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Iranians celebrate anti-American 40th anniversary of revolution

Posted by / February 11, 2019

Iranians celebrated the 40th anniversary of the fall of the Shah Mohammad Reza Pahlavi and the formation of their Islamic Republic today. The revolution brought to power Ayatollah Ruhollah Khomeini, the Shi’ite cleric who fundamentally transformed the state into a theocracy and de facto leader of Shi’ite Islam.

Hundreds of thousands of Iranians marched in various cities throughout Iran chanting Anti-American slogans and burning U.S. flags in memory of a revolution which rocked the Western world and American foreign policy. The then-removed Shah Mohammad Reza Pahlavi was the closest American ally in the Middle East before the revolution.

State TV in Iran showed booming crowds chanting “Death to Israel, Death to America,” chants which are considered trademarks of the revolution of 1979.

One banner read: “Much to the dismay of America, the revolution has reached its 40th year.”

Soldiers, students, clerics, and other women dressed in black with children marched across Tehran and other major cities with Iran. Many were carrying portraits of the their original leader Khomeini and Iran’s current Supreme Leader Ayatollah Ali Khamenei.

Iran’s Future Uncertain
Despite the enthusiastic gatherings, Iran’s future remains uncertain. Many economic hardships have been blamed on the country’s clerical leaders as Iran faces economic downturn due to mounting sanctions and structural economic issues. Just last year, protests by the working poor were cracked down which led to riots, the most serious rebuttal to the regime since uprisings since occured in 2009.

Much of Iran’s current economic issues are caused not only by structural issues domestically, but also by President Trump withdrawing from the nuclear deal signed in 2015. The withdrawal of the United States from the deal also brought on fresh sanctions on Iran which has since crippled the country. The price of basic foodstuffs, such as meat, have soared since the sanctions have been reinstated.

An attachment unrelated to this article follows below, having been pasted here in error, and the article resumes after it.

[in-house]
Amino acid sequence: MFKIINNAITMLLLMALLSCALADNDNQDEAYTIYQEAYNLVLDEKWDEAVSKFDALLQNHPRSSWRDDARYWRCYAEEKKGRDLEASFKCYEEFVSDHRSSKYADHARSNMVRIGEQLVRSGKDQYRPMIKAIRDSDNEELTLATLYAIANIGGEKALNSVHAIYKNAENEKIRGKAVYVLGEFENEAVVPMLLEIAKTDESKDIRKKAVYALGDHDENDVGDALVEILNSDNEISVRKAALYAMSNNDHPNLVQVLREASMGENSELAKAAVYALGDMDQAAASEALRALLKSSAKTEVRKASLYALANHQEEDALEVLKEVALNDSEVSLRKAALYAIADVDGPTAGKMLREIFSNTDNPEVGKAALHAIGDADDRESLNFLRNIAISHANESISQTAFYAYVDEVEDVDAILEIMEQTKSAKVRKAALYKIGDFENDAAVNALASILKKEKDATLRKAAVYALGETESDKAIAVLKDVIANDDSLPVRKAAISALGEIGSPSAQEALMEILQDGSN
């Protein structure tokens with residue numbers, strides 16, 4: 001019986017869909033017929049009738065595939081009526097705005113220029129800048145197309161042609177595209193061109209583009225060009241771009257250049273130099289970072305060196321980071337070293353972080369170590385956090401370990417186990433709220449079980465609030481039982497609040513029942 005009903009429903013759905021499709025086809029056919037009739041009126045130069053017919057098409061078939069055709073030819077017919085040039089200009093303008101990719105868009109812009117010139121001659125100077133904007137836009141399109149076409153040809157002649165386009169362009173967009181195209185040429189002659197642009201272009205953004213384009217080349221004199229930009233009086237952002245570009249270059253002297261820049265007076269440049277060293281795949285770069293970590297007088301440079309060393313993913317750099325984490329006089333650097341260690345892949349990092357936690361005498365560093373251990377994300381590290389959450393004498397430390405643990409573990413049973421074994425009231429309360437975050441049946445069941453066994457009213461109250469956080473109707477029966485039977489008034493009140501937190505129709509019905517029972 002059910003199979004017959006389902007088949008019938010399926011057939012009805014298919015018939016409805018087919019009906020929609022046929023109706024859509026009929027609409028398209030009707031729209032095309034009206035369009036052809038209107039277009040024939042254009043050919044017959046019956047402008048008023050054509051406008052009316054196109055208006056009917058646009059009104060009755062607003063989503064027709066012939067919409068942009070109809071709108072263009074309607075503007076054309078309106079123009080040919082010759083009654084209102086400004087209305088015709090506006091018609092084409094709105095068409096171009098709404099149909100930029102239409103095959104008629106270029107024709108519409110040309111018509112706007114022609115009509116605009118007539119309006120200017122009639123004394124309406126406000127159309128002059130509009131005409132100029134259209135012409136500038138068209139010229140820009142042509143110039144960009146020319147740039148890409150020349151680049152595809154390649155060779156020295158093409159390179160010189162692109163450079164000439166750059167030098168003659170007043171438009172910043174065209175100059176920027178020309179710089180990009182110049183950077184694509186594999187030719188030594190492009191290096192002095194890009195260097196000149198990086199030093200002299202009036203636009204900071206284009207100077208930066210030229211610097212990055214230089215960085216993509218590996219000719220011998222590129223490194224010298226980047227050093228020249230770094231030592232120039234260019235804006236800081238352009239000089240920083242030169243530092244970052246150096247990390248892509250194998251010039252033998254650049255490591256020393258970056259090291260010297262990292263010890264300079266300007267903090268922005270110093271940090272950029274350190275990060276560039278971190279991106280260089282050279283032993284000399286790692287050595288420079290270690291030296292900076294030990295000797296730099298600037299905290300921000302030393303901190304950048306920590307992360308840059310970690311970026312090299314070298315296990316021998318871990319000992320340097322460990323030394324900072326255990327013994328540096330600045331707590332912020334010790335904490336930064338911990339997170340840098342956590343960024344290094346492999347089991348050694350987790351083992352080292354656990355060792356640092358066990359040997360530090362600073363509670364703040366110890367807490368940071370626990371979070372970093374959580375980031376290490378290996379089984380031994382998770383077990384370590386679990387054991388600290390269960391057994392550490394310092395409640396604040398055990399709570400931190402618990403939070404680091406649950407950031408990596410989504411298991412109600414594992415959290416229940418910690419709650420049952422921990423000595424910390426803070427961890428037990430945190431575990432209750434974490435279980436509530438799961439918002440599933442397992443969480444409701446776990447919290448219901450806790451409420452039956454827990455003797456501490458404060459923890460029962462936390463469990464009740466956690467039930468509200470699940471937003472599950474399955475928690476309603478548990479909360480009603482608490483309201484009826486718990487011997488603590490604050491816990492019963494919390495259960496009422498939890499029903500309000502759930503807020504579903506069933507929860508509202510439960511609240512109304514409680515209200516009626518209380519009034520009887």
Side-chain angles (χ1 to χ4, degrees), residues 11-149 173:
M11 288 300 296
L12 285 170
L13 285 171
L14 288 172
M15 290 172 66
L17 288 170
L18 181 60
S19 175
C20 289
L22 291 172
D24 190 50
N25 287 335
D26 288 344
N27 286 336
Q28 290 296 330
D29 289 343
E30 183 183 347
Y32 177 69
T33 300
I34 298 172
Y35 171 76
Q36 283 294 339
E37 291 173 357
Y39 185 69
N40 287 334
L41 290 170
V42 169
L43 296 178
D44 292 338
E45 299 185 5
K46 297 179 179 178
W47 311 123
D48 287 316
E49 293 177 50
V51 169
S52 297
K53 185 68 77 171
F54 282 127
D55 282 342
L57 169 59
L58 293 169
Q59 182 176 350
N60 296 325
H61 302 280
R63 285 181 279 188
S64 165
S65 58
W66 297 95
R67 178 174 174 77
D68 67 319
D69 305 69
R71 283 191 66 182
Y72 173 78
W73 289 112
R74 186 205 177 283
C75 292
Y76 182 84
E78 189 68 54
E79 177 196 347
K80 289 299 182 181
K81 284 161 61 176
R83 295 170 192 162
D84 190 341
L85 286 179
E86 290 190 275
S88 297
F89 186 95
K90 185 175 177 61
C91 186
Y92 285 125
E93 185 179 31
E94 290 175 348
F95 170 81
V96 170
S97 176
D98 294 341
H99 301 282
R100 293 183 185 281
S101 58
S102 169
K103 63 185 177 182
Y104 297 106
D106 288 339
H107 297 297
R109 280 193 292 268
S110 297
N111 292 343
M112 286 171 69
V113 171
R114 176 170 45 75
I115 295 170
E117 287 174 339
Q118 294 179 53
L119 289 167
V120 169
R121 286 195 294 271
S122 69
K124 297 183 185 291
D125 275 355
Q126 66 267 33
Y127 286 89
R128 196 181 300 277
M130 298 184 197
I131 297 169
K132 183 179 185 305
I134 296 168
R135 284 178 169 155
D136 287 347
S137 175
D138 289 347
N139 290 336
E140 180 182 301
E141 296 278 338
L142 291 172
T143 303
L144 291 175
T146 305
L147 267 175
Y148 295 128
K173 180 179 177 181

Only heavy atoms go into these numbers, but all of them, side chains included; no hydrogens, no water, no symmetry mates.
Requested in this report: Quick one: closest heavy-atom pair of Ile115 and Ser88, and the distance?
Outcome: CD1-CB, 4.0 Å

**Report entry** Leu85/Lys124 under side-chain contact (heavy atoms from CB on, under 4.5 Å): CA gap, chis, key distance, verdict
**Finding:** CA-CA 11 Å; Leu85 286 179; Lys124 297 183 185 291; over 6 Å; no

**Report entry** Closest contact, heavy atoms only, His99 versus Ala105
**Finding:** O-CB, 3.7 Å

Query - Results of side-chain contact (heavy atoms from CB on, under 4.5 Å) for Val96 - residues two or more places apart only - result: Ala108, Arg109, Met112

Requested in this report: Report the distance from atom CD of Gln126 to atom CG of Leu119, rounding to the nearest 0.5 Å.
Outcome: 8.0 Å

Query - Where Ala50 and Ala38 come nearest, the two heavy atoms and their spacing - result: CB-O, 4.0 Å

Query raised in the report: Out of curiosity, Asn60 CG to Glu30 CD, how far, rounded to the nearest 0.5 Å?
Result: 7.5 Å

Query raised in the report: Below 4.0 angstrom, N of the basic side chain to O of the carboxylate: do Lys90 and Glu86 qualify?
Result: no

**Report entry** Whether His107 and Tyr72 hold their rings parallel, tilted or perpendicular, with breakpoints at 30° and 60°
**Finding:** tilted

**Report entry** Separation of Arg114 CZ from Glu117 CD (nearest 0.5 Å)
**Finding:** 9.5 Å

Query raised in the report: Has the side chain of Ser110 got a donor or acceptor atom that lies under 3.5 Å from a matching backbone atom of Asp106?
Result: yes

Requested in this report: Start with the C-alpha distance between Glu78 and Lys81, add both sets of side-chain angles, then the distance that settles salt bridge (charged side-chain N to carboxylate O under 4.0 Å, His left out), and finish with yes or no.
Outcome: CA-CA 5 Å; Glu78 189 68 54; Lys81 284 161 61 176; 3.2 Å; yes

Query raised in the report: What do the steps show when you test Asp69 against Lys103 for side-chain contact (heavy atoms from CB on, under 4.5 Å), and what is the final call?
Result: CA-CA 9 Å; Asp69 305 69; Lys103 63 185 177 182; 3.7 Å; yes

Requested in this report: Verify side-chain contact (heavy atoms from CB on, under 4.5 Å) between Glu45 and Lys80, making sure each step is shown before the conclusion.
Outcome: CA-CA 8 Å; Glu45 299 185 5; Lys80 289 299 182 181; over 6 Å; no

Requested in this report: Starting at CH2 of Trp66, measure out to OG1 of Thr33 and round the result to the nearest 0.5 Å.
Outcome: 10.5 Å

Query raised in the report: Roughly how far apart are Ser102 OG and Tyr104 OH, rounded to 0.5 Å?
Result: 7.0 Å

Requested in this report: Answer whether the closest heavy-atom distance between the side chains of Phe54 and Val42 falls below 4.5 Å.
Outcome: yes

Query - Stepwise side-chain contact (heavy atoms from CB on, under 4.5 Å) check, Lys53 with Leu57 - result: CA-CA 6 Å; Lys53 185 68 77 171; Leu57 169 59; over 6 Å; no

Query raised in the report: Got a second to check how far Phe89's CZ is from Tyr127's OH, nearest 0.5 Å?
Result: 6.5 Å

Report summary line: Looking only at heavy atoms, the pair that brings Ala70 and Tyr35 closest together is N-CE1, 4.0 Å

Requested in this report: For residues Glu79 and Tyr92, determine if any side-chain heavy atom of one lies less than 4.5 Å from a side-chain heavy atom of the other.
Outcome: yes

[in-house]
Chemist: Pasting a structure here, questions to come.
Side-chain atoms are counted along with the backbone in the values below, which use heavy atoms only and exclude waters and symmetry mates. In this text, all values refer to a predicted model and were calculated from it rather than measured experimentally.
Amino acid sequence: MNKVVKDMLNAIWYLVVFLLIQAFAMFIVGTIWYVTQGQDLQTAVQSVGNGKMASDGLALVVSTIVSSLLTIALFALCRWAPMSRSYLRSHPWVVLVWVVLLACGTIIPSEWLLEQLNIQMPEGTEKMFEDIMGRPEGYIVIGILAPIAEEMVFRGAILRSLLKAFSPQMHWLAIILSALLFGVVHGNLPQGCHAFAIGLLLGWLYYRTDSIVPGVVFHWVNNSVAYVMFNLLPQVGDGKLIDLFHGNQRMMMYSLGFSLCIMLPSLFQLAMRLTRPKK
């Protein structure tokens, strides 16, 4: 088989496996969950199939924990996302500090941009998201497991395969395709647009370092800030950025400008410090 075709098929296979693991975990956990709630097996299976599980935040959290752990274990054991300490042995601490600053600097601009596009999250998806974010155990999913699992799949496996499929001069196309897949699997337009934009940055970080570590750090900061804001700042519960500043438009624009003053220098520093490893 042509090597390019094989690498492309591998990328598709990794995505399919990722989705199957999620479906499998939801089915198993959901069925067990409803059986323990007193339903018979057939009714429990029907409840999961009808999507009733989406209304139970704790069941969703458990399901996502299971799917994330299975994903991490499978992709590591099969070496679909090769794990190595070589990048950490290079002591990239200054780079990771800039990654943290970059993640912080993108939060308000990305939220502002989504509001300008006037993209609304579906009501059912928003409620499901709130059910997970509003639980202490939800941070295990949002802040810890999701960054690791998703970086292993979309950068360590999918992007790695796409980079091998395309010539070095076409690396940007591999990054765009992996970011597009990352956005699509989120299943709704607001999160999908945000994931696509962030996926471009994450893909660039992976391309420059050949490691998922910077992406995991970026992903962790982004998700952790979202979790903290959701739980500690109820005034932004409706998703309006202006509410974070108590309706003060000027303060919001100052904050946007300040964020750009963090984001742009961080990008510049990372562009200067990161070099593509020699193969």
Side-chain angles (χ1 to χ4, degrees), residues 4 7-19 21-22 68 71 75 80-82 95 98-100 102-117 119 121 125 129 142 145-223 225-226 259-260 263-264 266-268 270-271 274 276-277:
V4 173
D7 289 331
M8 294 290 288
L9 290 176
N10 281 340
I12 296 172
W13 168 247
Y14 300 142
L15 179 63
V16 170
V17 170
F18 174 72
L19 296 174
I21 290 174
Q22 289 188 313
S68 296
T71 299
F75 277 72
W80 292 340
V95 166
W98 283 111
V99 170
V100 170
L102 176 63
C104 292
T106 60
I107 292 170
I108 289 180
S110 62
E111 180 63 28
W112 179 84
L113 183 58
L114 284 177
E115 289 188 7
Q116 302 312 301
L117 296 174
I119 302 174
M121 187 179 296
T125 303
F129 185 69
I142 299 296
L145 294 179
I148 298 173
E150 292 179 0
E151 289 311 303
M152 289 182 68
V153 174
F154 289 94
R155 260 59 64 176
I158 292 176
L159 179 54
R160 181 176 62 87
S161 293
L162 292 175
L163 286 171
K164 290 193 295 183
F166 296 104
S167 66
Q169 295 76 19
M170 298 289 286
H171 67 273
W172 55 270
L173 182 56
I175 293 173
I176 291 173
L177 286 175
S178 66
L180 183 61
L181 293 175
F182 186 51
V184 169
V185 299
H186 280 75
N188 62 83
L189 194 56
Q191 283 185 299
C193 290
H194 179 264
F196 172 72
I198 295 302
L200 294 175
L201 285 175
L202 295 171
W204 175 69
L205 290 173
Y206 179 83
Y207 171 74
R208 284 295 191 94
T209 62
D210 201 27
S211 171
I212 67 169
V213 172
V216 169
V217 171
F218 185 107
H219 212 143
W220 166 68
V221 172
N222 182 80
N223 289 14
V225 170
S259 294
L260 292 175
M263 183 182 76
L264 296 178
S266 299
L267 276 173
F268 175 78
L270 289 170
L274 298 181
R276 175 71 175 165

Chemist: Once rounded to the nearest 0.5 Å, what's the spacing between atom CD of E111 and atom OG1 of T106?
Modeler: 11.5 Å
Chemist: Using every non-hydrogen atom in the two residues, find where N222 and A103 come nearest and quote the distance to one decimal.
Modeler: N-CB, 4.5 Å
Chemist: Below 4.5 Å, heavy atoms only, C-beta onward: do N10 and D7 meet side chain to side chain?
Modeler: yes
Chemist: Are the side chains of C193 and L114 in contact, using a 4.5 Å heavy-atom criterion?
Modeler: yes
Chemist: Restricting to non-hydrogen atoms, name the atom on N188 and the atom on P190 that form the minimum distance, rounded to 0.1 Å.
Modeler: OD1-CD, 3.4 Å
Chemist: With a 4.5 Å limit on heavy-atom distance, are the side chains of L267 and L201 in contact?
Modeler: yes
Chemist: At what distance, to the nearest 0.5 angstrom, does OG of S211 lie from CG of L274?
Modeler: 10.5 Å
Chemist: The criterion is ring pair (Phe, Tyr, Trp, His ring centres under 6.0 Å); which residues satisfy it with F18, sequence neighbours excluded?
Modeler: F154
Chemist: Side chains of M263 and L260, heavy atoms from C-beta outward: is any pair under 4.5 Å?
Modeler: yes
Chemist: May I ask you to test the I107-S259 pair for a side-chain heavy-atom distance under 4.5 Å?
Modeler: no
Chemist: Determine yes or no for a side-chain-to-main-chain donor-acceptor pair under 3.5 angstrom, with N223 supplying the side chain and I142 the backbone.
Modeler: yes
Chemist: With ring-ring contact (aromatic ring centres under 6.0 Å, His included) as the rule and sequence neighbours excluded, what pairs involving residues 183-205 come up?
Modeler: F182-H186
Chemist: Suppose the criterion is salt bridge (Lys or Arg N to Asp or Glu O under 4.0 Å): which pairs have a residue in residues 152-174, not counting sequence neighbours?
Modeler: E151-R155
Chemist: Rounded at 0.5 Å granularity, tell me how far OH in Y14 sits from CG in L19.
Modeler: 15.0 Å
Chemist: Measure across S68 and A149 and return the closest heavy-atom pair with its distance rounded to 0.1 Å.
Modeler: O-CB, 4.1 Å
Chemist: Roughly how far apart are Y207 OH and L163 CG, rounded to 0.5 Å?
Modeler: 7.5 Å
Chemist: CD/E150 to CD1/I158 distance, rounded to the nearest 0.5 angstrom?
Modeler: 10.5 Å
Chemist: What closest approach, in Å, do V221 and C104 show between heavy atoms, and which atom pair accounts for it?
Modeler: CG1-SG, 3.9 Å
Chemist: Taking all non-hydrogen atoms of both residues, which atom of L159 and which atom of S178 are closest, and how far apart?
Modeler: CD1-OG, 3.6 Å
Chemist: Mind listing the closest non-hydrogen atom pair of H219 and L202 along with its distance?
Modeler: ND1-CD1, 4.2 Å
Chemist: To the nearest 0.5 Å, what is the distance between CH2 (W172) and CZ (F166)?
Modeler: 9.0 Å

In January, President of Iran Hassan Rouhani publicly admitted that Iran was facing the worst economic crisis since the Shah was toppled in 1979. However, in his speech commemorating the revolution, he remained firm in his resolve that the Iranian revolution would not falter.

“We will not let America become victorious… Iranian people have and will have some economic difficulties but we will overcome the problems by helping each other,” he said.

State TV and military also reaffirmed their commitment to defying U.S. power as the anniversary brought on many speeches by officials. Yadollah Javani, the Revolutionary Guards’ deputy head for political affairs, talked in bombastic terms: Iran would destroy every Israeli city if the United States attacked the Islamic Republic of Iran.

However, other Arab states have been discontent with Iran’s growing influence in the region. Although President Rouhani praised Iranian involvement in helping the people of “Syria, Iraq, Lebanon, Palestine, and Yemen,” American allies in the region see the Shi’ite power as being far too ambitious with their military ventures.

Although many within Iran have said that the state is squandering funds for their military adventurism, the Iranian state has said that all of this is being done to “protect national interests.” But still, the future of Iran in light of this 40th anniversary celebration remains cautiously uncertain at best.

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